The U. S. Food and Drug Administration (FDA) is warning type-2 diabetes patients that a widely used medication to help control their blood sugar levels may also negatively affect their kidney function.
The FDA is strengthening drug safety warning labels on type-2 diabetes drugs known as sodium-glucose cotransporter-2 inhibitors (SGLT2), sold under the brand names:
The stronger warnings are about the increased risk of acute kidney injury and making recommendations about how to minimize risk. SGLT2 medications are prescribed to type-2 diabetes patients to help lower blood sugar. Additional risks from using SGLT2s include low blood pressure, a condition of too much acid in the blood called ketoacidosis, serious urinary tract infections, and yeast infections.
Symptoms of acute kidney injury may include decreased urine or swelling of feet or legs, and the FDA recommends you seek immediate medical attention if you experience any of these symptoms, but cautions patients not to stop taking their prescribed type-2 diabetes medications without first speaking with their healthcare provider.
Patients should tell their healthcare provider before starting an SGLT2 if they are taking medications like water pills, blood pressure medication, or non-steroidal anti-inflammatories (NSAIDs) such as aspirin, ibuprofen, or naproxen, which may enhance their risk. It’s also important to let your healthcare provider know as soon as possible if you are eating or drinking less due to illness or fasting, or if you are losing fluids from vomiting, diarrhea or exposure to excessive heat. All of these factors can increase the risk of kidney function injury when also using an SGLT2 medication.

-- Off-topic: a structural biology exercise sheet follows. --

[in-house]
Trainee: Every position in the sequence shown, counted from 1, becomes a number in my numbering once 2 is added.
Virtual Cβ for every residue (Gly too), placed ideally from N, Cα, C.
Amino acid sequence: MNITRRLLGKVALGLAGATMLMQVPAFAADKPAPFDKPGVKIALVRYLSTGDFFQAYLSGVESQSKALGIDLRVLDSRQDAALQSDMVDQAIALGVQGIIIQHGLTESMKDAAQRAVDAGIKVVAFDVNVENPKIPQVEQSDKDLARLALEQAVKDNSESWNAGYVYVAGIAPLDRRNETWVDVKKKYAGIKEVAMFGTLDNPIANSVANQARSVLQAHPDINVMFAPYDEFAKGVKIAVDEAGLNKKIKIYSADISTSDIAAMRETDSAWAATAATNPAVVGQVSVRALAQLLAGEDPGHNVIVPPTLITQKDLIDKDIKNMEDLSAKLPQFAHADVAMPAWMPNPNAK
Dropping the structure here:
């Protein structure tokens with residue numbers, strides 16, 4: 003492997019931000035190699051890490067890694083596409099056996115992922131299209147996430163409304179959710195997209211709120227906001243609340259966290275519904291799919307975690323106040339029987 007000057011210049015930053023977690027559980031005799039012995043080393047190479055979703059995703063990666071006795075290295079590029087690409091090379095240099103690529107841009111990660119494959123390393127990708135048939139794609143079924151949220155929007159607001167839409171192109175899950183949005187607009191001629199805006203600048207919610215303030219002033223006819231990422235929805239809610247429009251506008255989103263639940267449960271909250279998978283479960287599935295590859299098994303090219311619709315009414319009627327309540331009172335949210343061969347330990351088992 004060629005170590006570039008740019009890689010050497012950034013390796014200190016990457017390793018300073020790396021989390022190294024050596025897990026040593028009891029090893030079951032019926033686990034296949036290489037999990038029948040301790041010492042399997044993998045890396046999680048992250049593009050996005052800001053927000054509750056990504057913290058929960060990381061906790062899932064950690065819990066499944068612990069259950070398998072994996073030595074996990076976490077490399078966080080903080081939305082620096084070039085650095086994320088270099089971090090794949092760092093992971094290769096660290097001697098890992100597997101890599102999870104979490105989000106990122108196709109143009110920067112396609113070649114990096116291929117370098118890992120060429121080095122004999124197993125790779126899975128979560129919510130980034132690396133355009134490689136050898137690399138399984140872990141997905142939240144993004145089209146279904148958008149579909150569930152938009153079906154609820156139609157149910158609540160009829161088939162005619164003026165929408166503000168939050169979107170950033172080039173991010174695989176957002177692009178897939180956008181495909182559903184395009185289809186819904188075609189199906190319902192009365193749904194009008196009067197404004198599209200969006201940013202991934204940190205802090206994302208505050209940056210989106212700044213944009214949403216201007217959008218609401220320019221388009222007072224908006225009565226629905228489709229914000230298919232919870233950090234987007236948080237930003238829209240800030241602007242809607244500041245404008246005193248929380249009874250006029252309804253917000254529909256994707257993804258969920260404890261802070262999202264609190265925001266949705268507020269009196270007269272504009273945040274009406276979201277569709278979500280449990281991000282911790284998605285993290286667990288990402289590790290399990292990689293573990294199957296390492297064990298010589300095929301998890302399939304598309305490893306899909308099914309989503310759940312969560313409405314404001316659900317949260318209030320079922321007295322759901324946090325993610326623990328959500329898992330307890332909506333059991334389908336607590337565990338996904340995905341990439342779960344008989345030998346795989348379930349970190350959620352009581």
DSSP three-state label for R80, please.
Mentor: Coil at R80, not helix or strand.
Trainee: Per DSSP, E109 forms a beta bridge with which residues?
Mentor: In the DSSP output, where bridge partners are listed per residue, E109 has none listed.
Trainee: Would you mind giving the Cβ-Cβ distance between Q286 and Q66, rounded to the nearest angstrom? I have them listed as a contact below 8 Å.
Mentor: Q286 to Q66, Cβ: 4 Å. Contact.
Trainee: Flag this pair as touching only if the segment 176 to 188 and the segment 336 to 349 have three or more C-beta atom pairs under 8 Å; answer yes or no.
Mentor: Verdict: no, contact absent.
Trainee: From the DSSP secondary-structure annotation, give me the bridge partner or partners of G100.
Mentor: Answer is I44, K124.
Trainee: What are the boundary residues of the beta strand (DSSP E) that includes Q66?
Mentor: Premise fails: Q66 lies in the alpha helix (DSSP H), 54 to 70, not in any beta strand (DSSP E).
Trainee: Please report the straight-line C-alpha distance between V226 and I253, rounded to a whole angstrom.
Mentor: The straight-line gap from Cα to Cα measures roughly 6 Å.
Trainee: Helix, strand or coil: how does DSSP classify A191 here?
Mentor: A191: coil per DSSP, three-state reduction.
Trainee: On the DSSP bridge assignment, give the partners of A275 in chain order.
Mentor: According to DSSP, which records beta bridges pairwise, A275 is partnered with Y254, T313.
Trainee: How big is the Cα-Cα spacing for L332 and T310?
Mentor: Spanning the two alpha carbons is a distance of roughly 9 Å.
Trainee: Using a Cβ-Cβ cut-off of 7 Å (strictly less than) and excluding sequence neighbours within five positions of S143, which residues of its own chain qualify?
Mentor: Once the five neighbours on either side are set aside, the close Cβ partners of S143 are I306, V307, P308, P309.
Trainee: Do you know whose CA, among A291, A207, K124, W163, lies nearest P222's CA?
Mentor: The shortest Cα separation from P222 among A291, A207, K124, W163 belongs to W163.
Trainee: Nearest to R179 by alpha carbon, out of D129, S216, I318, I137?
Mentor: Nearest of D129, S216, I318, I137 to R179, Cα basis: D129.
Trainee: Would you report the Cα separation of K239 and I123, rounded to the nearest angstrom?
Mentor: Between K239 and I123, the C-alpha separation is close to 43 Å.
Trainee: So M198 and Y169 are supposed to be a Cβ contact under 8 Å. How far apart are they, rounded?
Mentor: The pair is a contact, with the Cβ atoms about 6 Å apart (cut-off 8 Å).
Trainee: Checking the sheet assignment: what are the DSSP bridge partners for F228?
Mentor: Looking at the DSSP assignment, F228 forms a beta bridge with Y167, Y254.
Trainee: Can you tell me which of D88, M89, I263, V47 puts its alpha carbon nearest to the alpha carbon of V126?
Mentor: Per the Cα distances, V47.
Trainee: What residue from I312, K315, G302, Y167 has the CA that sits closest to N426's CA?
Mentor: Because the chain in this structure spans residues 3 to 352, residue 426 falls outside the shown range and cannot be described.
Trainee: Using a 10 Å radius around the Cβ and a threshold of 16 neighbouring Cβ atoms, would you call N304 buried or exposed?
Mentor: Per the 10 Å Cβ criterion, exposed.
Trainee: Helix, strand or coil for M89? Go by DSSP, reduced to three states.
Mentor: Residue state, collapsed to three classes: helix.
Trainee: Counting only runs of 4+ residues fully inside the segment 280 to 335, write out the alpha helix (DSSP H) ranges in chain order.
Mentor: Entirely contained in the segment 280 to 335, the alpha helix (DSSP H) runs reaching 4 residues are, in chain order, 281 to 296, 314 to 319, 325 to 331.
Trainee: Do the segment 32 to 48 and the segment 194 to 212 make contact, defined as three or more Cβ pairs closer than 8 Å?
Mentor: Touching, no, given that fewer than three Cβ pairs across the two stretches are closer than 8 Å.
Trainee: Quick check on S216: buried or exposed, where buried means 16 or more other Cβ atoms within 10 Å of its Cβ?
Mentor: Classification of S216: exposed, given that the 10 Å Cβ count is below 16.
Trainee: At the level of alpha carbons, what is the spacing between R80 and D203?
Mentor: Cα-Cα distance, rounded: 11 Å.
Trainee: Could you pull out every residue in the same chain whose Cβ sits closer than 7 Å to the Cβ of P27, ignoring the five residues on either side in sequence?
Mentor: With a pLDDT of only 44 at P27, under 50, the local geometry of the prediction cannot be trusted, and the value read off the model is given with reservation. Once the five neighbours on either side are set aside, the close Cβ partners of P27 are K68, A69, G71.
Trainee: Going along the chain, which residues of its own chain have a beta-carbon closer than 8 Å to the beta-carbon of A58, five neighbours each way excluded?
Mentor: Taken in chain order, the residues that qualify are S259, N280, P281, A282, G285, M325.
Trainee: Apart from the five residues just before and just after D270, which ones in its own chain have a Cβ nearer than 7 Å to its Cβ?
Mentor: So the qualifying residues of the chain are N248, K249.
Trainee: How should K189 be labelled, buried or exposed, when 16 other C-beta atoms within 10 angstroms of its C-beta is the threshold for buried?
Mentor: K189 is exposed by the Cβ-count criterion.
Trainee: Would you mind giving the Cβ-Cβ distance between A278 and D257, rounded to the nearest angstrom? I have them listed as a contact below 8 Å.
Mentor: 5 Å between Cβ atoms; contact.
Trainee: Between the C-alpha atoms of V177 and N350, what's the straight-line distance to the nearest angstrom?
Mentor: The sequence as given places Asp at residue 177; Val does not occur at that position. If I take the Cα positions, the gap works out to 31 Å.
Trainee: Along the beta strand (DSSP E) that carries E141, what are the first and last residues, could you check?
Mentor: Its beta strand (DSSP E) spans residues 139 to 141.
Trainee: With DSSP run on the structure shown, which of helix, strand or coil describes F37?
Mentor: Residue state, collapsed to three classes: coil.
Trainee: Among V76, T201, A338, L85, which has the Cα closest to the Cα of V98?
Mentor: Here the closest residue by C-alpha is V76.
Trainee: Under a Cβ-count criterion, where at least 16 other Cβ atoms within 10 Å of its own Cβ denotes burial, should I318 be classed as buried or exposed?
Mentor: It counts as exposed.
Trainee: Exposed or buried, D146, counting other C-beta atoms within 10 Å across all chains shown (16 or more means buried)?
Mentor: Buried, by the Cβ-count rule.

In half the reported cases of acute kidney injury, symptoms began within one month of beginning the medication although most patients recovered full kidney function after stopping the medication.
Before prescribing an SGLT2, the FDA recommends healthcare providers evaluate patients carefully for their individual risk of acute kidney injury by testing kidney function, and continue to regularly monitor patients while they are taking the medication. Pre-disposing risk factors for acute kidney injury with the use of SGLT2 medications include:
This news comes just after the FDA issued a Safety Communication warning type-2 diabetes patients using canagliflozin medications of the increased risk of extremity amputation with long-term use, especially toe, foot and leg amputations. (See more at https://bubalolaw.wpengine.com/blog/2016/06/popular-diabetes-drugs-may-increase-risk-amputation/)
If you are a type-2 diabetes patient taking one of the aforementioned SGLT2 medications and have suffered from acute kidney injury or any other problem while taking SGLT2 medications, please report any side effects to the FDA through FDA MedWatch at https://www.accessdata.fda.gov/scripts/medwatch/index.cfm?action=reporting.home or call the FDA at 1-800-332-1088. You can also download the form at http://www.fda.gov/Safety/MedWatch/HowToReport/DownloadForms/default.htm and fax to 1-800-FDA-0178.